Chinese police said Thursday that they had broken up a “terrorist cell” that carried out lethal attacks in Xinjiang, as the restive region braced for the first anniversary of deadly ethnic unrest. Three members of the cell were among a 20-strong group deported back to China on December 20 from an unnamed country, public security bureau spokesman Wu Heping told reporters. Cambodia sent a group of 20 Uighurs back to China last December despite US and UN protests. “Since 2008 this terror group planned and carried out many terror acts in Xinjiang, including an attack on police and border guards in Kashgar during the Olympics,” Wu said. He said the group was also responsible for bombings and a shootout with police in the city of Kuqa, which was blamed for at least 10 deaths. From July to October last year, the group gathered bombs, axes and Molotov cocktails with plans to carry out a chain of attacks in Xinjiang, and some members fled abroad when the plan was foiled, he said. Dilxat Raxit, spokesman for the overseas World Uyghur Congress, said the timing of the announcement was politically motivated.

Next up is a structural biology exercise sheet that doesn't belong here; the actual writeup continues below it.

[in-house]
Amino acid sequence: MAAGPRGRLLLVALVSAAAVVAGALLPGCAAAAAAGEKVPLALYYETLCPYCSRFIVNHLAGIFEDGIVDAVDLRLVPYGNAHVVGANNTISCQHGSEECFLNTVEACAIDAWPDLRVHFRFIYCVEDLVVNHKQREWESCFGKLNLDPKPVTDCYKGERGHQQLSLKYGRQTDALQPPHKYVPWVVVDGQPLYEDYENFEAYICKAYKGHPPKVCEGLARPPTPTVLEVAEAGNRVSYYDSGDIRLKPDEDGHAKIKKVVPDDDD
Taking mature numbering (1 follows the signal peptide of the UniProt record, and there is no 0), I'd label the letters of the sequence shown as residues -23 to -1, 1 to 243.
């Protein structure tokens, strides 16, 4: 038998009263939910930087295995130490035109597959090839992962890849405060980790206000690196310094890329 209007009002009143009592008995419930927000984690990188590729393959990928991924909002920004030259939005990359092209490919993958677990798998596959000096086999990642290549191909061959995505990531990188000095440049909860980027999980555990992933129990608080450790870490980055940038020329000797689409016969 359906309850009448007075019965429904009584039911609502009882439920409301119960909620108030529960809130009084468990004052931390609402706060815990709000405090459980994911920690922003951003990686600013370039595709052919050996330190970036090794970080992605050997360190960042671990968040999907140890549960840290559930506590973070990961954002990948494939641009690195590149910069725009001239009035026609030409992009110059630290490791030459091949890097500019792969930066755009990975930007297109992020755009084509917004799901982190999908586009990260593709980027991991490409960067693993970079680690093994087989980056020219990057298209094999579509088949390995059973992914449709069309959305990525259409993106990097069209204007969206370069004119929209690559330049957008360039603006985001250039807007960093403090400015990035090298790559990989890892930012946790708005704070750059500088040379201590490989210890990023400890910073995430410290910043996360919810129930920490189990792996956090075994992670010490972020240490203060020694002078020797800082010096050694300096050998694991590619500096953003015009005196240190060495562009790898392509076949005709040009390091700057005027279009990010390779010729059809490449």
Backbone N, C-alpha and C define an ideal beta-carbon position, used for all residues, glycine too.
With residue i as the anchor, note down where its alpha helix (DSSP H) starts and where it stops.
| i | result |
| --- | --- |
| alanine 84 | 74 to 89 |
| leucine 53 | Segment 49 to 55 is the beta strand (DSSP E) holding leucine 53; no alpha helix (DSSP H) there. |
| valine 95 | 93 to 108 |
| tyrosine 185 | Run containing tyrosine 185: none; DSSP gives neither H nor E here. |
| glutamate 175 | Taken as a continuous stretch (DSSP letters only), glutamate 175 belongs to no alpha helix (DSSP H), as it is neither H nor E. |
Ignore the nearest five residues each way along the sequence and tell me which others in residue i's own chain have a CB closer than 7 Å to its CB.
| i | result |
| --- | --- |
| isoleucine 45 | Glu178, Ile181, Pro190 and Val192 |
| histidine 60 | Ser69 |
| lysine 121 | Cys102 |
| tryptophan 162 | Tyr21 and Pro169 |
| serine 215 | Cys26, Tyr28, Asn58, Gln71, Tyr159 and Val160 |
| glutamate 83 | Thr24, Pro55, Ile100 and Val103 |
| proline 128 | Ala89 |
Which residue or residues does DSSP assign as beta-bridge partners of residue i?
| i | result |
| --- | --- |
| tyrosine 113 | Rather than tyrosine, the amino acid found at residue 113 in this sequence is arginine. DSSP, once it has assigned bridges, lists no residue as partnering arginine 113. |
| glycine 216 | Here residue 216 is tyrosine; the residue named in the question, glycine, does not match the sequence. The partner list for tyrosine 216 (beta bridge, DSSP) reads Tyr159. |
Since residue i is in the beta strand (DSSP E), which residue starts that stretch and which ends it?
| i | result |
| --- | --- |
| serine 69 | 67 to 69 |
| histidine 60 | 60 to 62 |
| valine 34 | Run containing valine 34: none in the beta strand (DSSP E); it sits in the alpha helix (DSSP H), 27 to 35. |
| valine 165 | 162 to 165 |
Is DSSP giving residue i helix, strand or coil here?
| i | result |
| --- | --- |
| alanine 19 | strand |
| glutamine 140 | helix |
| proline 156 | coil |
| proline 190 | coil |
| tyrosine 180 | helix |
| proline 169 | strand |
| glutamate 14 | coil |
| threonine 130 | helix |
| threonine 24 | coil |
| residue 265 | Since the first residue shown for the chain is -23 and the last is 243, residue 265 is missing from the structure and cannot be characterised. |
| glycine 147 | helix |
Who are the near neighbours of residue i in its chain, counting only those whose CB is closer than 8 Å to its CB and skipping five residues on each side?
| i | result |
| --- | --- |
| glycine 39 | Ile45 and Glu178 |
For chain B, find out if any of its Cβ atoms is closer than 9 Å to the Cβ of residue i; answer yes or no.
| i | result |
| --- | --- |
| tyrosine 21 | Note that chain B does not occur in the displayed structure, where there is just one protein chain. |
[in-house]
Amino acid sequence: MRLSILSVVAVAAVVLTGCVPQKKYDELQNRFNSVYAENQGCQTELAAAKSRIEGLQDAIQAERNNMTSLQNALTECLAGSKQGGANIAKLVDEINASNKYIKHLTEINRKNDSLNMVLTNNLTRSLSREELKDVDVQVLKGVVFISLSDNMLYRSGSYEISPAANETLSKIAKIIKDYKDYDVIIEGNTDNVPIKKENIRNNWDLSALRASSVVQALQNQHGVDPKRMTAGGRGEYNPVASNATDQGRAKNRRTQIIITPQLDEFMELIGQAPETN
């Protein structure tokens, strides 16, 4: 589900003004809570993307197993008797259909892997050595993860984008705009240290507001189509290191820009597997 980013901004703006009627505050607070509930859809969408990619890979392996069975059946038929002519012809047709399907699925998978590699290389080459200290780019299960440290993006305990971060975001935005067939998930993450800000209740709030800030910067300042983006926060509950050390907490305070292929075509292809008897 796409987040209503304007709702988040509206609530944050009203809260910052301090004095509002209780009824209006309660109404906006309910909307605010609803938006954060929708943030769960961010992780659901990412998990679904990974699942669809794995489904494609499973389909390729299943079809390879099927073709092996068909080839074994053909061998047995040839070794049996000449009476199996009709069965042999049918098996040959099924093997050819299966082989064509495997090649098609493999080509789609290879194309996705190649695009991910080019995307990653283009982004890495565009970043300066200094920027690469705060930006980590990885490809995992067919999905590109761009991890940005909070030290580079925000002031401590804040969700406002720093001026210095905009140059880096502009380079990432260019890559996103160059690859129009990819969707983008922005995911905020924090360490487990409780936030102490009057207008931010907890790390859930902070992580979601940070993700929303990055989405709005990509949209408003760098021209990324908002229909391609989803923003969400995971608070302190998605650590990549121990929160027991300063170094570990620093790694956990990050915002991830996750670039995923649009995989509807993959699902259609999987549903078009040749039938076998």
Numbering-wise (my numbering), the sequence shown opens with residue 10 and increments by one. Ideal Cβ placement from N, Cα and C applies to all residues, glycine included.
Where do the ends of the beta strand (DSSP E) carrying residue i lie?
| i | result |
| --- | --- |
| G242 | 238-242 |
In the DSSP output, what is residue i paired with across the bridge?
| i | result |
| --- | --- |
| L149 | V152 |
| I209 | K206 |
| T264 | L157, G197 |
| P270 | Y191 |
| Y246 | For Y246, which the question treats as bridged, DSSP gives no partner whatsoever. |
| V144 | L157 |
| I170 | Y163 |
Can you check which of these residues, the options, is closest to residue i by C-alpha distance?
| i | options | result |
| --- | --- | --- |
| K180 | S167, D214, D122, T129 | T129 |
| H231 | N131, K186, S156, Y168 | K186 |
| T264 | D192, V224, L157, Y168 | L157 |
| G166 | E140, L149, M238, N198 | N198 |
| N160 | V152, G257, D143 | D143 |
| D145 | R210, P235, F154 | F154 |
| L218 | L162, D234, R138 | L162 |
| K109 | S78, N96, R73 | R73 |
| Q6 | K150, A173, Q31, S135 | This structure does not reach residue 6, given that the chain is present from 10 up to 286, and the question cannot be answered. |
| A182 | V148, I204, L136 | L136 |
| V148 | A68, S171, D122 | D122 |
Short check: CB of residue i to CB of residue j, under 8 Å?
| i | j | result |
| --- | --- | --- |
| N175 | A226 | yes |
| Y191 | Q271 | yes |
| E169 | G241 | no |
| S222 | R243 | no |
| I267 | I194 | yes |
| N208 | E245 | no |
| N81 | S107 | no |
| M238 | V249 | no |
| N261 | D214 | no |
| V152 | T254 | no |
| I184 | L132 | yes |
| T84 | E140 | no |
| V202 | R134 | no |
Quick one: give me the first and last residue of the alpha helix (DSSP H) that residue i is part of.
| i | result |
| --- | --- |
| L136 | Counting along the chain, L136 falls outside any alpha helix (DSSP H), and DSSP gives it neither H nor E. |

China Claim: Uighurs from Cambodia in ‘terror gang’
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